Snowy River Season 2 (1994)


   

Our rating: 5 out of 5

Rated: PG

 
reviewed by Charity Bishop
 
       

One of my fondest childhood memories was settling down in front of the television every week to watch this series on the Family Channel. Filmed in Australia and featuring a host of now-well-know but then-unknown actors, The Man from Snowy River was compelling, decent television with good moral values and a family that audiences grew to love.

 

Patterson's Ridge has been growing by leaps and bounds in the years since its settlement, and many changes are now taking place in the district. The local hero and owner of one of the largest ranches in the district, Matt McGregor (Andrew Clarke) has been taking steps to bring the law to the county, but the people do not warm up to the new constable easily. With illegal moonshine being brewed in the district, his reverend son Colin (Brett Climo) has put out a reward for information on those responsible, leading to an assault upon the church that ends in flames. Kathleen O'Neal (Wendy Hughes) has taken offense at what the local editor Mr. Gleeson (Jon Finlayson) has written about her, and bought out his debts from the bank, intending to have her say in the newspaper business.

 

When Oliver Blackwood (John Stanton) goes missing after a disastrous incident in the desert, his son Frank (Rodney Bell) intends to take over the industry, but finds his way blocked by his sister Victoria (Amanda Douge), who refuses to believe their father is truly dead. Her return from life in Melbourne brings a fiancé on her arm, something that displeases potential suitor Rob McGregor (Guy Pearce), who is struggling to find his own way without parting ways from his family, leading to emotional strife between him and Matt. Just when things seem to have settled down in the town, horse rustlers, native aborigines, and outlaw gangs invade their quiet lives, not to mention a host of personal issues, such as the loss of Emily and Colin's baby, and a young woman found alive in the wreckage of an overturned coach who claims the only other survivor is not her child.

 

One of the few programs that maintained healthy viewpoints and strong characters, The Man from Snowy River is an Australian western, full of cowboys, hold-ups, and "progress" as the characters battle through historical events such as women in the newspaper industry, recruitment for the Sudan war, and the arrival of a train in town. Each episode has a very specific plot that can stand alone, but they gradually build on one another as you come to know the delightful (and sometimes wretched) inhabitants of the town. The McGregors are the moral foundation of society, always fighting for the good of everyone involved, while the Blackwoods by contrast attempt to manipulate and bully their way to power. The "light" format does not mean weighty subjects aren't tackled, such as when Colin experiences a crisis of faith over the loss of his child. Of course, he returns to God with newfound understanding through the gentle words of a stranger.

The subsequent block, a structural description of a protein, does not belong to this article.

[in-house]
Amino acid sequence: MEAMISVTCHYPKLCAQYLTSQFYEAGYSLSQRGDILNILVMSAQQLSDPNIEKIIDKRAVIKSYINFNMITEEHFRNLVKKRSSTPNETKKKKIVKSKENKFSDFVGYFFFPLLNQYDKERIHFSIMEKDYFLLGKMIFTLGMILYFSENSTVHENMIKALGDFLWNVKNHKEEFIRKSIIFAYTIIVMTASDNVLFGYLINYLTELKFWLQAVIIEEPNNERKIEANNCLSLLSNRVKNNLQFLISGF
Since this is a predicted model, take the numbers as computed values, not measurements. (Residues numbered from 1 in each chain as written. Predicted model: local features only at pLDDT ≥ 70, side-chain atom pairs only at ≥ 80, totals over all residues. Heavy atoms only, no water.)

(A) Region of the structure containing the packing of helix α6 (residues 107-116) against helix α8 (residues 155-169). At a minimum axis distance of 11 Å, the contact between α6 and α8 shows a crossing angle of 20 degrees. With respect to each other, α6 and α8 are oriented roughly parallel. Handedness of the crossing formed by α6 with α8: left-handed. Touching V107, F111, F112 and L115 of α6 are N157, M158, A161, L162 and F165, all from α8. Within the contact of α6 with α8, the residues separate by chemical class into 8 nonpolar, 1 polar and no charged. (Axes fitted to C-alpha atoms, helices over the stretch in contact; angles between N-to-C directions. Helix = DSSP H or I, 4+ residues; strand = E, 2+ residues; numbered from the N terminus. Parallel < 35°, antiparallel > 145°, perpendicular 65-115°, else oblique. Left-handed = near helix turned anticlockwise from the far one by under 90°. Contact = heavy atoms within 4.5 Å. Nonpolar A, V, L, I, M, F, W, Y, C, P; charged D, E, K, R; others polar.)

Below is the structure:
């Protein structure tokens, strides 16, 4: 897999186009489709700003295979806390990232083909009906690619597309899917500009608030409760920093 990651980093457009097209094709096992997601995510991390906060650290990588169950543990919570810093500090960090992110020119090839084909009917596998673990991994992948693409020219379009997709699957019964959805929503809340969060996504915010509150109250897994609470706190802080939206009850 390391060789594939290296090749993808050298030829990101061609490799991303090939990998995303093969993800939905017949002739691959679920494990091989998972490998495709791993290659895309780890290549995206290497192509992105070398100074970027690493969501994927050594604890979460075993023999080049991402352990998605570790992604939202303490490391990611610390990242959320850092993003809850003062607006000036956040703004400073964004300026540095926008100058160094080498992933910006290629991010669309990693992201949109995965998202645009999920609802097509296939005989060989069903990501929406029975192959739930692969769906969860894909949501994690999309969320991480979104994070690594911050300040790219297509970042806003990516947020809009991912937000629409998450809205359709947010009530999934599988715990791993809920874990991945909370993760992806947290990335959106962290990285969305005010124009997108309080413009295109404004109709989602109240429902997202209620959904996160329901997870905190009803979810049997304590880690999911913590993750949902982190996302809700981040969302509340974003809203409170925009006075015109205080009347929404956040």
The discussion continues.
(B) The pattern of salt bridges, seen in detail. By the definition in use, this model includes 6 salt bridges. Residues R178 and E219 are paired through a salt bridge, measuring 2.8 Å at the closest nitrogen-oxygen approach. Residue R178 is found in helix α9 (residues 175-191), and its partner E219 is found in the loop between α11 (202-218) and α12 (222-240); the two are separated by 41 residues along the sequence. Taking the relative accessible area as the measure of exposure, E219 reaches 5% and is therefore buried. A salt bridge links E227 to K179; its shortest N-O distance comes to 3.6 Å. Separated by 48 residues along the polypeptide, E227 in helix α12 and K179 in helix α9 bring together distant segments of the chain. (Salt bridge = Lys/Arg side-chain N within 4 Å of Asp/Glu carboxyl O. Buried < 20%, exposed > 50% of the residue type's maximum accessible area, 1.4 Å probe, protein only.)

There are few content concerns, apart from the numerous fistfights that appear in the majority of the episodes. Some gunplay is occasionally involved, both in the form of accidents (Rob gets a backside full of buckshot after insulting Victoria) and intentional fire (Colin is shot in the arm by train robbers, and bullets are exchanged in hostage situations). A man is forced to shoot his dying horse in the desert. Cows are found speared to the ground. Characters are constantly placed in peril. Corrupt officials beat up innocent railroad workers, and a man is struck with a bullwhip. The only sexual content is Matt pulling an officer off a native woman, implying the man was attempting to rape her. Rob knocks Victoria to the ground to protect her from an explosion, landing on top of her. Mild dialogue implies that her fiancé is sexually intimate with the young woman Frank intends to marry. 

 

The second season contains a hearty dose of in-period feminism, never outrageous but something women will appreciate, as various female characters fight for their rights and prove themselves strong and capable, but without trampling on their need for men. Kathleen can handle almost any situation, but doesn't hesitate in involving Matt when it becomes serious. The series also contains a couple of nice cameos, one of them by Olivia Newton John. Unfortunately, the series is not available in the United States, but can be purchased from Australia and played on a region-free DVD player. It's well worth the effort.